Executions in U.S. fall to lowest numbers in decades

WASHINGTON - The number of people executed in the United States this year dropped to the lowest level since 1991, as states impose fewer death sentences and defendants in capital cases get access to better legal help.

See Full Article

The Death Penalty Information Center, a non-profit organization that opposes capital punishment and tracks the issue, said 28 inmates were executed as of Dec. 15, down from 35 last year and far below the peak of 98 in 1999.

Another 49 criminal defendants received death sentences this year, down 33 per cent from 2014 and the lowest number since the early 1970s.

The numbers reflect a steady decline in death sentences over the past 15 years and a broad shift in public attitudes that has made capital punishment increasingly rare, said Robert Dunham, the group's executive director.

"What we're seeing is the cumulative effect of falling public support for the death penalty," Dunham said.

About 61 per cent of Americans support the death penalty in murder cases, according to a Gallup poll in October, but that share has inched downward while opposition has crept up.

While capital punishment remains legal in 31 states, only six states accounted for all the executions this year - Florida, Missouri, Georgia, Oklahoma, Texas and Virginia. That's the fewest since 1988.

Texas led the way with 13 executions, followed by six in Missouri and five in Georgia. But Texas imposed only two new death sentences this year, while Georgia and Virginia had no new death row inmates.

The total number of death row inmates nationwide is now below 3,000 for first time since 1995.

A shortage of lethal injection drugs has meant de facto freezes in several states, including Ohio and Nebraska. In Arkansas, a judge halted executions of eight inmates amid a legal fight over whether the state can keep secret the identity of manufacturers and sellers of its execution drugs.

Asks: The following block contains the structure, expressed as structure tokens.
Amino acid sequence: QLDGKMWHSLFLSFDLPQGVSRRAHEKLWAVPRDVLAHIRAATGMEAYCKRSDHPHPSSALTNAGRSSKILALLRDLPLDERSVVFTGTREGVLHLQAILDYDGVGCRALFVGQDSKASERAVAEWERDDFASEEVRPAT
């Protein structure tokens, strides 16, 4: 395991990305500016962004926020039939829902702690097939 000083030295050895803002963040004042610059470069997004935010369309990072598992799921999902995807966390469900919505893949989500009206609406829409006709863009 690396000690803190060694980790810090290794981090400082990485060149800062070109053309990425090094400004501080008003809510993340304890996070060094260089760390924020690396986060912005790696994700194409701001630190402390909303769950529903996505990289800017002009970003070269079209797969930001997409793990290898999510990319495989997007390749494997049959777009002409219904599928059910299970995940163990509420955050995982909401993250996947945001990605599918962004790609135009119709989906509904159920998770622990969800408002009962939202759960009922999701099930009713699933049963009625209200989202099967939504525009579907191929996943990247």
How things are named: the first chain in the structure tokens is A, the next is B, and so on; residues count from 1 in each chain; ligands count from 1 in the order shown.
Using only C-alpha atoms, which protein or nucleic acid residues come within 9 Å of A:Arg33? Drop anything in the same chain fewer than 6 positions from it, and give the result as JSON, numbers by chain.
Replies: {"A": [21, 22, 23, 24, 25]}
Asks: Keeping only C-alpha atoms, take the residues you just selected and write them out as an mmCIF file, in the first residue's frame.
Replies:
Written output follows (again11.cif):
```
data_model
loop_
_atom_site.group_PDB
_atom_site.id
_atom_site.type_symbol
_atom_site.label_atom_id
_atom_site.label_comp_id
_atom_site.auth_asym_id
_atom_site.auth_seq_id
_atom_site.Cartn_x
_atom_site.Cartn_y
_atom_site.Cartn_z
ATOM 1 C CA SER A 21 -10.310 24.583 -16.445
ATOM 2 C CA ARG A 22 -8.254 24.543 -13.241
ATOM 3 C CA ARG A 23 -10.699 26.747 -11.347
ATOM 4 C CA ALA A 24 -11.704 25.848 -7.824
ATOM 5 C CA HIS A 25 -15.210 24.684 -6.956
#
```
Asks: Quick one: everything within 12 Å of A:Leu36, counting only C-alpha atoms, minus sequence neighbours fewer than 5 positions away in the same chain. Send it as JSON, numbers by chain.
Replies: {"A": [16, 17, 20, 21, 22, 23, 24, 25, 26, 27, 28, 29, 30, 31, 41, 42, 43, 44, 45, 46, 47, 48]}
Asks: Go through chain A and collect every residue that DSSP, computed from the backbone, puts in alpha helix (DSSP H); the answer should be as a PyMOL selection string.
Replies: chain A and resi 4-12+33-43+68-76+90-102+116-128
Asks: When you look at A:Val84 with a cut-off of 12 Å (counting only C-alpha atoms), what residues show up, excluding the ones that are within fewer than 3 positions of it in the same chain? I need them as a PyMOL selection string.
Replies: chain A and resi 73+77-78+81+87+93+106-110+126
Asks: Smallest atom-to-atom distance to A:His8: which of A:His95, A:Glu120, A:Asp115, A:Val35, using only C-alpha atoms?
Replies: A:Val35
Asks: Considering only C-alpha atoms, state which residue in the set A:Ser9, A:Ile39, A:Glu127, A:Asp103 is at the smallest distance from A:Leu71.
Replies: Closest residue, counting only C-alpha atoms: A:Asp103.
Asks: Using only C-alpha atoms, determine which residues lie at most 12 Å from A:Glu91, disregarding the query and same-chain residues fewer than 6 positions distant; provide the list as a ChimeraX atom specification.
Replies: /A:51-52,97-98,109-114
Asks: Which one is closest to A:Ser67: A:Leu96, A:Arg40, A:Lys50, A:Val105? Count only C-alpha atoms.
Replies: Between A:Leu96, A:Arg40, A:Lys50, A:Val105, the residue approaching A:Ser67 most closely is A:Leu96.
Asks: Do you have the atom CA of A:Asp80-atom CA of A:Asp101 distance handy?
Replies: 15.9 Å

Oklahoma recently said it was halting all executions until well into next year while officials investigate two botched lethal injections and a third that was called off because the wrong drug was delivered.

Earlier this year, the Supreme Court upheld Oklahoma's use of a controversial sedative in lethal injection executions, but two justices said for the first time they think it's "highly likely" the death penalty itself is unconstitutional.

Death penalty opponents are hoping the high court eventually will abolish the death penalty as cruel and unusual punishment which is banned under the U.S. Constitution. Even Justice Antonin Scalia, a longtime defender of capital punishment, told an audience this year that he wouldn't be surprised if the court invalidates the death penalty.

Another factor in the recent decline is improved legal representation for defendants. Georgia, Texas and Virginia have all created statewide capital-case defender programs staffed by attorneys who specialize in those cases.

Since 1973, more than 150 people who had been sentenced to death have been exonerated after presenting evidence of their innocence. Six death row prisoners were cleared of all charges this year.

"There is a very significant relationship between providing defendants good representation and the outcomes of capital cases," Dunham said.

Other factors cited in the decline of executions include the high cost of death penalty prosecutions and states such as Texas and Virginia now instructing juries that they have the option of sentencing capital defendants to life without the possibility of parole.


Latest Canada & World News

  • NYC boy, 3, dies, mother's boyfriend facing assault charges